Patriotism Essay 2010

Patriotism Essay 2010-46
The 1619 Project makes the case, among other things, that racial hierarchy is inimical to true freedom.

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Nikole Hannah-Jones, 1619’s organizer and editor, makes this point very clearly in her powerful introductory essay. It is we who have been the perfecters of this democracy”—by moving America towards the fulfillment of the ideals professed in the Declaration of Independence.

She cites her own family history as a testament to the promise of American democracy: her father, born in the county in Mississippi with the highest number of lynchings in the country, went on to serve in the U. Army and proudly flew the American flag in front of the Iowa home of her youth. Her essay is one of the most fiercely patriotic pieces of writing I have ever read. Hers is a patriotism not of hagiography but of struggle, born of an honest reckoning with a usually brutal American past.

Many conservative critics have completely missed the point, even when it seems they are just on the cusp of getting it.

John Daniel Davidson, writing in , for example, complained that while she “argues persuasively that African Americans are the true believers in America’s Founding ideals”—note the capitalization of “Founding,” which suggests a religious dimension to the term—“but also that they are dupes because the ideals are a lie.” It is difficult to imagine a more tortured accusation.

In the mid-1960s Harry Jaffa and Frank Meyer engaged in a series of dueling essays in on this question.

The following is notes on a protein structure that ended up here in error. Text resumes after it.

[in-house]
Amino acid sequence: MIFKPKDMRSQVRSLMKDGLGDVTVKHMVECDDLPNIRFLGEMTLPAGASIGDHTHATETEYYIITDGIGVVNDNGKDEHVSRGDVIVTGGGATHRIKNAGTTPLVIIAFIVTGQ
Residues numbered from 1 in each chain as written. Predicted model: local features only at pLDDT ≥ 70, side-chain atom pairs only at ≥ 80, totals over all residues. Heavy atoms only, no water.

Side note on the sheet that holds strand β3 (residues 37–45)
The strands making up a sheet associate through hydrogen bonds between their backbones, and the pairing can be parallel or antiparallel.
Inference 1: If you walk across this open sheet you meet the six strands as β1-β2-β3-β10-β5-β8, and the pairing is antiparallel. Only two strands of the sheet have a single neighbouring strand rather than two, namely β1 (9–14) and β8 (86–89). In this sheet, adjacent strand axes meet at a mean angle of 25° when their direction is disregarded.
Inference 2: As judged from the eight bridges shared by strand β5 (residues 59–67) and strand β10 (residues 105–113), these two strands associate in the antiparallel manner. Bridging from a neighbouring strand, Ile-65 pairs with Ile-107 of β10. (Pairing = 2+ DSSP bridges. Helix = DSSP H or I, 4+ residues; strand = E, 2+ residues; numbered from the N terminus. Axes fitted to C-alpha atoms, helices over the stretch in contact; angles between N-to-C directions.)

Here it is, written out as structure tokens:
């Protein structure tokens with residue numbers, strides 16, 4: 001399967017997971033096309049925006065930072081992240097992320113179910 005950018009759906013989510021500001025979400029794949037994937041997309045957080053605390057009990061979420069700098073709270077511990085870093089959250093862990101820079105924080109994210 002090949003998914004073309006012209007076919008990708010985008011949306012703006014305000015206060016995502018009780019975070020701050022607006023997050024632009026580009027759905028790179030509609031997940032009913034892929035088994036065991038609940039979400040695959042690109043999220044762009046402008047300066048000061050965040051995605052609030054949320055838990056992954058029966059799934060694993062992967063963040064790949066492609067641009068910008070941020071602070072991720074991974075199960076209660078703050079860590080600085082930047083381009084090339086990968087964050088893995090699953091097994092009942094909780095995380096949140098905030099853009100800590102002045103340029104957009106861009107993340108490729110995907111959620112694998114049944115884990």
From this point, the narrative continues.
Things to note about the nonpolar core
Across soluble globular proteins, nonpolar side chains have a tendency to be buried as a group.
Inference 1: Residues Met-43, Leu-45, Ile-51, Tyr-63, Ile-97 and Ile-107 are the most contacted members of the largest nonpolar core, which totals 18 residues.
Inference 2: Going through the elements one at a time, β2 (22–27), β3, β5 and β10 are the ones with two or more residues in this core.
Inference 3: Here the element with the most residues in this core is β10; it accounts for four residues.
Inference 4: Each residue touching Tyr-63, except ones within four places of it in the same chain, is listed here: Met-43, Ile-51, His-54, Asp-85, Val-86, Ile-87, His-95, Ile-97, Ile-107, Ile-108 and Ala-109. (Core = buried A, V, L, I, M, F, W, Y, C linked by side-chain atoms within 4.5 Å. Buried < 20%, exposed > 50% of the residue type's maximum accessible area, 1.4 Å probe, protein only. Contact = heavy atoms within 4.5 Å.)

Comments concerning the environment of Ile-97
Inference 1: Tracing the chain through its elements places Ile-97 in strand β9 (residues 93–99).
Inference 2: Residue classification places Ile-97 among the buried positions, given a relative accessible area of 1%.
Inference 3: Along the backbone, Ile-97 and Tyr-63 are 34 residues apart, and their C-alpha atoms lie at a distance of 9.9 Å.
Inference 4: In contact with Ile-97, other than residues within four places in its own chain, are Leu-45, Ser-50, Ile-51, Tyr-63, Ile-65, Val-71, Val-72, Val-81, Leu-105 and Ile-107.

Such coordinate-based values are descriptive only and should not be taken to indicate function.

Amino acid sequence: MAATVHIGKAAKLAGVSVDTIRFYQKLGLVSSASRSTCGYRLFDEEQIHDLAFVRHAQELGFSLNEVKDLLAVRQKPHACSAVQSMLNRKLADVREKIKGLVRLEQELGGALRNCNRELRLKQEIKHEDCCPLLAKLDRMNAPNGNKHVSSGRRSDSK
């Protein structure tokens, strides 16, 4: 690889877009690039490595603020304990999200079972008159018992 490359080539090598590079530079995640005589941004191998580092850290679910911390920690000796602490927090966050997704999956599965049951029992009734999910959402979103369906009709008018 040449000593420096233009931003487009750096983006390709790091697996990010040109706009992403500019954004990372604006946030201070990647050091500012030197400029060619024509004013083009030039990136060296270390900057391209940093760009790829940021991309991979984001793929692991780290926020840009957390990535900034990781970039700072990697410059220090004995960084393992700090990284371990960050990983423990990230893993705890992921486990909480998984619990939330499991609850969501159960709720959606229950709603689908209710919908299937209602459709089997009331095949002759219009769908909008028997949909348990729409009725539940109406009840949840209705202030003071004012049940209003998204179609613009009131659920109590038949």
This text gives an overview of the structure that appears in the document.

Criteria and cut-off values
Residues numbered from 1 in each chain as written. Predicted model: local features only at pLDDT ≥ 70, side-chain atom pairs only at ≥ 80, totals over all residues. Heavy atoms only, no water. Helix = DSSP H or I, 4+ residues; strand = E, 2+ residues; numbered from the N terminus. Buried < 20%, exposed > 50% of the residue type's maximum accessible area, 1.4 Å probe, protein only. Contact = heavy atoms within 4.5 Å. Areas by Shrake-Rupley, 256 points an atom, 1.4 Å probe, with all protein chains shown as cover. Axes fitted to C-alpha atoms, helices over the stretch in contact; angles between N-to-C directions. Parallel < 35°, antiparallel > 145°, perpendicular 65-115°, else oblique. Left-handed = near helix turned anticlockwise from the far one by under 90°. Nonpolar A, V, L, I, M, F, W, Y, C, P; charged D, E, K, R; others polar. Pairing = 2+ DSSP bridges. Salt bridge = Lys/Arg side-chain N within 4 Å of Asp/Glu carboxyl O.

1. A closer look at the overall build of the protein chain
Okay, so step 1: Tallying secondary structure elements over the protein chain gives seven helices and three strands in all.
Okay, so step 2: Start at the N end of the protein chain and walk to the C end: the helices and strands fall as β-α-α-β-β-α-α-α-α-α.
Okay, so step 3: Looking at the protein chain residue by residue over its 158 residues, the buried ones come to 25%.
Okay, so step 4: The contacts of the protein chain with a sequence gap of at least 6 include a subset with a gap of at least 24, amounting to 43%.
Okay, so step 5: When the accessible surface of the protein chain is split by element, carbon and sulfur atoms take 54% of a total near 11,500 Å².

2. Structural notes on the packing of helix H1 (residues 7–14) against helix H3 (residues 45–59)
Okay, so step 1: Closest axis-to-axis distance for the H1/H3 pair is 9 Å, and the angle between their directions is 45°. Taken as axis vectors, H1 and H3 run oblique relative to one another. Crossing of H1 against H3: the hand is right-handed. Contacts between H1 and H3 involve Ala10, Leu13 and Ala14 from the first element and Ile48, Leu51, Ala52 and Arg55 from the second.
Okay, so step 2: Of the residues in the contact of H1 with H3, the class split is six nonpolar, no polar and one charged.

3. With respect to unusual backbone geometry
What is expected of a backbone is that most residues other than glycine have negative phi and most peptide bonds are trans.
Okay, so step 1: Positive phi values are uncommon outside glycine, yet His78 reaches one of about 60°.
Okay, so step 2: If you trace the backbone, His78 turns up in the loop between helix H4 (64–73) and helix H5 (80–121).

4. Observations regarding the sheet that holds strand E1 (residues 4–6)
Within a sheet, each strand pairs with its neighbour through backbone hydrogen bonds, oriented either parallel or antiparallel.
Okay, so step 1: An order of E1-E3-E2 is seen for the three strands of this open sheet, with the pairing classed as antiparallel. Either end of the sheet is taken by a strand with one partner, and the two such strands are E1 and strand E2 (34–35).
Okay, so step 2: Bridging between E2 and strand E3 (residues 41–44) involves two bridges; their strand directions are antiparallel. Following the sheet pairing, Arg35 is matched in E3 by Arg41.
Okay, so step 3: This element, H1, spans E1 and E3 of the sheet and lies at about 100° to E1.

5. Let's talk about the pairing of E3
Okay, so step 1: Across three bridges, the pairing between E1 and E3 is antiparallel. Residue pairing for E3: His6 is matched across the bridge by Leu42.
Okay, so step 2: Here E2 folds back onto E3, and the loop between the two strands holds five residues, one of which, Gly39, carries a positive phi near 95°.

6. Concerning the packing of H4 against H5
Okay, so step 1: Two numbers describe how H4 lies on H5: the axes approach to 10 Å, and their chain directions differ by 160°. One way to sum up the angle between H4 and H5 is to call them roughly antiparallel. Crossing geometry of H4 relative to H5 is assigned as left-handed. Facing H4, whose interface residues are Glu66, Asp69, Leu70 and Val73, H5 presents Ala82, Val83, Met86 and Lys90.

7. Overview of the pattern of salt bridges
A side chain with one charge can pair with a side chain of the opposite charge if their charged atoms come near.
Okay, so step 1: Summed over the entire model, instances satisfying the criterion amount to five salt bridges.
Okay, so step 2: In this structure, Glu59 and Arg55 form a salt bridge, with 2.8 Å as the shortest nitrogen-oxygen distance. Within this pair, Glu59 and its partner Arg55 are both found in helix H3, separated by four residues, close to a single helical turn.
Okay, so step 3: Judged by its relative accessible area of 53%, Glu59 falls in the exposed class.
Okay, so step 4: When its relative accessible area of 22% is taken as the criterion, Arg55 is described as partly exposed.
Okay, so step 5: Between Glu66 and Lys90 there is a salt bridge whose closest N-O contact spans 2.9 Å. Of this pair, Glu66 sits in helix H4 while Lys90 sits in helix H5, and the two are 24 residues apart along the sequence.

Meyer, a notorious racist who opposed desegregation, wrote in one of his essays that Jaffa incorrectly “chooses to base his critique of American slavery on the proposition that the American polity is in its essence dedicated to equality.” But “freedom and equality are opposites,” Meyer baldly replied, with a formula that still resonates.On its second page, the future congressman stresses the need for “awareness of the good as well as the bad aspects of colonialism,” suggesting that “the colonial powers performed a painful but positive function in disrupting traditional society” of “the natives.” The same year that Gingrich submitted his dissertation, Ronald Reagan, in a phone call to Richard Nixon, sneered at “those monkeys” representing the newly independent African countries at the United Nations, calling them “cannibals” and saying “they are still uncomfortable wearing shoes.” In his 1957 editorial defending segregation, Buckley compared the situation in the American South to the British in Kenya, who were then facing an anti-colonial uprising. Originalism—whether cashed out in terms of “original intent” or, as Antonin Scalia preferred, “original meaning”—is predicated on the belief that the Constitution ought to be read mainly through the lens of the intention of its drafters unless it has been amended by the democratic procedures the Constitution specifies.“The choice,” Buckley said, “was dramatically one between civilization and barbarism.” The third reason is that conservatives revere history as a source of incontestable authority, as opposed to a storehouse of fallible human experience, susceptible to analysis and critique. There is the legal doctrine of originalism, a more or less uniquely American form of legal doctrine that interprets constitutional matters solely through the lens of what the adjudicator concludes the original drafters of the U. Yet Southern conservatives in the 1950s complained that the Reconstruction amendments, passed by Congress and ratified by the states in the 1860s, are invalid or otherwise unconstitutional because the Southern states at the time were subject to military occupation and black political rule.This means you will always be able to read us without roadblocks or barriers to entry.It also means that we count on you, our readers, for support.It is undeniably a lie that those ideals were ever applied to the majority of people living in the land that would become America in 1776.Hannah-Jones’s point, indeed the whole point of the 1619 Project, is that black Americans—who have been held by so many whites to be “the obstacle to national unity”—have through centuries of struggle and protest “helped the country live up to its founding ideals.” This courageous optimism of the 1619 Project is bracing: rather than look away from the inconvenient truth that the man who wrote that “all men are created equal” owned his wife’s half-siblings as slaves, even engaging in a sexual relationship with one of them, it chooses to center those historical realities even while affirming that, yes, all human beings . Wiley Online Library requires cookies for authentication and use of other site features; therefore, cookies must be enabled to browse the site.Detailed information on how Wiley uses cookies can be found in our Privacy Policy.None of these “critiques” stands up to even a cursory reading of the project.Why are so many conservatives incapable of confronting this history without perceiving it as a threat? The first is that American conservatism has a fraught relationship with equality, racial or otherwise.


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